#BlackLivesMatter #GeorgeFloyd

If you’re an American and you’re not sick of racism and bigotry in this country then perhaps you’re part of the problem. I grew up with a racist who threw one of my high school friends out of our house and called him a black bastard. My friend’s fault was that he had beat my Dad in a game of table tennis. My father would not allow me to play Motown music nor allow me to watch the NBA on our television because according to him I was a “n-word” lover. That was fifty years ago. I bore the brunt of my father’s prejudice because I liked Martin Luther King Jr.

A couple of weeks ago we saw men armed to the teeth with assault rifles and more trying to intimidate the governor of Michigan and members of their legislative body. What did the police do? Damn little. A couple of days ago a black man was apprehended in Minnesota for a non-violent crime and in the process of his arrest he was handcuffed and then choked to death by the police. This was recorded and witnessed by other people. Following that there was civil unrest and the police showed up with riot gear and tear gas.

There is a multi-tiered system of justice in the United States. If you’re white you can show up at a state capitol, intimidate folks you disagree with and not even get a slap on the wrist. But, if you’re black and you protest the murder of an innocent man you get police in riot gear and tear gas.

About Don Watkins

I'm a FOSS advocate, writer, educator, Python coder, Linux user, US Navy Veteran, Secular Franciscan, husband,father and grandfather. I blog about my life and experiences that give it meaning.
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4 Responses to #BlackLivesMatter #GeorgeFloyd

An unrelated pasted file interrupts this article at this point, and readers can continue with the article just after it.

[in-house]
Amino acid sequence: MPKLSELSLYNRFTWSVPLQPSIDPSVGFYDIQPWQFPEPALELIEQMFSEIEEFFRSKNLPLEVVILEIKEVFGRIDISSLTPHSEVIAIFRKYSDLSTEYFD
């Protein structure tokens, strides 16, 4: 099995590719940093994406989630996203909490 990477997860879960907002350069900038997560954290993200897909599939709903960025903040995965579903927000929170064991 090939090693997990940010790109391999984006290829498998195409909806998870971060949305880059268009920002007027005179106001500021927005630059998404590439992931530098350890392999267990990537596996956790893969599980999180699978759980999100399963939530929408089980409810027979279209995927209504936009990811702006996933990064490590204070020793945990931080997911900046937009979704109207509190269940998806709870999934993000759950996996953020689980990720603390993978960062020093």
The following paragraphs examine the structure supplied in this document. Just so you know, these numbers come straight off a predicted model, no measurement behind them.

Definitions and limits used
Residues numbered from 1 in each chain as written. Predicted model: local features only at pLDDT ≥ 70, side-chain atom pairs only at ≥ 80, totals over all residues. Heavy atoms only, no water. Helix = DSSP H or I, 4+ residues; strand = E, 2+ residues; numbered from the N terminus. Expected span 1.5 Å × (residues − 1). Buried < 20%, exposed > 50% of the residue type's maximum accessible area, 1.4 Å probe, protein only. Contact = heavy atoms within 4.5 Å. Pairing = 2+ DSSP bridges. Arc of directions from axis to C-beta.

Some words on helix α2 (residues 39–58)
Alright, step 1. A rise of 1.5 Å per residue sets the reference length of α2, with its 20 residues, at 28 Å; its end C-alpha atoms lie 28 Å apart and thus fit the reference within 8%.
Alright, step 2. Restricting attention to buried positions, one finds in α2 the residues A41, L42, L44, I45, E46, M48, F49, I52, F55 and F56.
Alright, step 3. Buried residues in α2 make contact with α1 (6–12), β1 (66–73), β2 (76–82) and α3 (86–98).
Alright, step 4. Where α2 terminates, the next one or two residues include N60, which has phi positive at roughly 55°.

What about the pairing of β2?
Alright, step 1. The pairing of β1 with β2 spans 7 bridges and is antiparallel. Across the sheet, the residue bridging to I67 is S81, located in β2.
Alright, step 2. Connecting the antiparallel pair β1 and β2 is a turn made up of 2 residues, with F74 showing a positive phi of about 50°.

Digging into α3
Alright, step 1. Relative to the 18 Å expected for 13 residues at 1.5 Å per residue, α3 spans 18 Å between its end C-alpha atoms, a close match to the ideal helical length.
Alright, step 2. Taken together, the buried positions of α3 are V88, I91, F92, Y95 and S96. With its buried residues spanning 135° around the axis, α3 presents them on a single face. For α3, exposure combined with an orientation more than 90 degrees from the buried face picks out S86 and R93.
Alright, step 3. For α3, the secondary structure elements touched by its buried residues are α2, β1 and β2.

1. Cindy Crandall says:

    Don, I so heartily agree with you. I am sickened by the treatment of our fellow Americans. With each incident, I think, will this finally be the last straw….and it never is…

    • Don Watkins says:

      Thank you for reading this blog and responding to it. That really pulled at my heart strings. The guy my Dad threw out of our house is now one of my FB pals. Dad’s extreme racist views really propelled me to think differently.

  2. Joe Danielewicz says:

    Don, I too grew up with a racist, far-right father. As a kid I was embarrassed by his bigotry and rebelled against it as a teenager. I remember dating a black girl in college. I knew they’d never let me bring her to dinner so we just dropped in before our date. Luckily, he was speechless.

    I love to read about the Civil War. It hurts to think how much has been sacrificed and to realize how far we still have to go for equal rights.

  3. Brian Luscher says:

    Thank you Don. This was news to me on the personal level.

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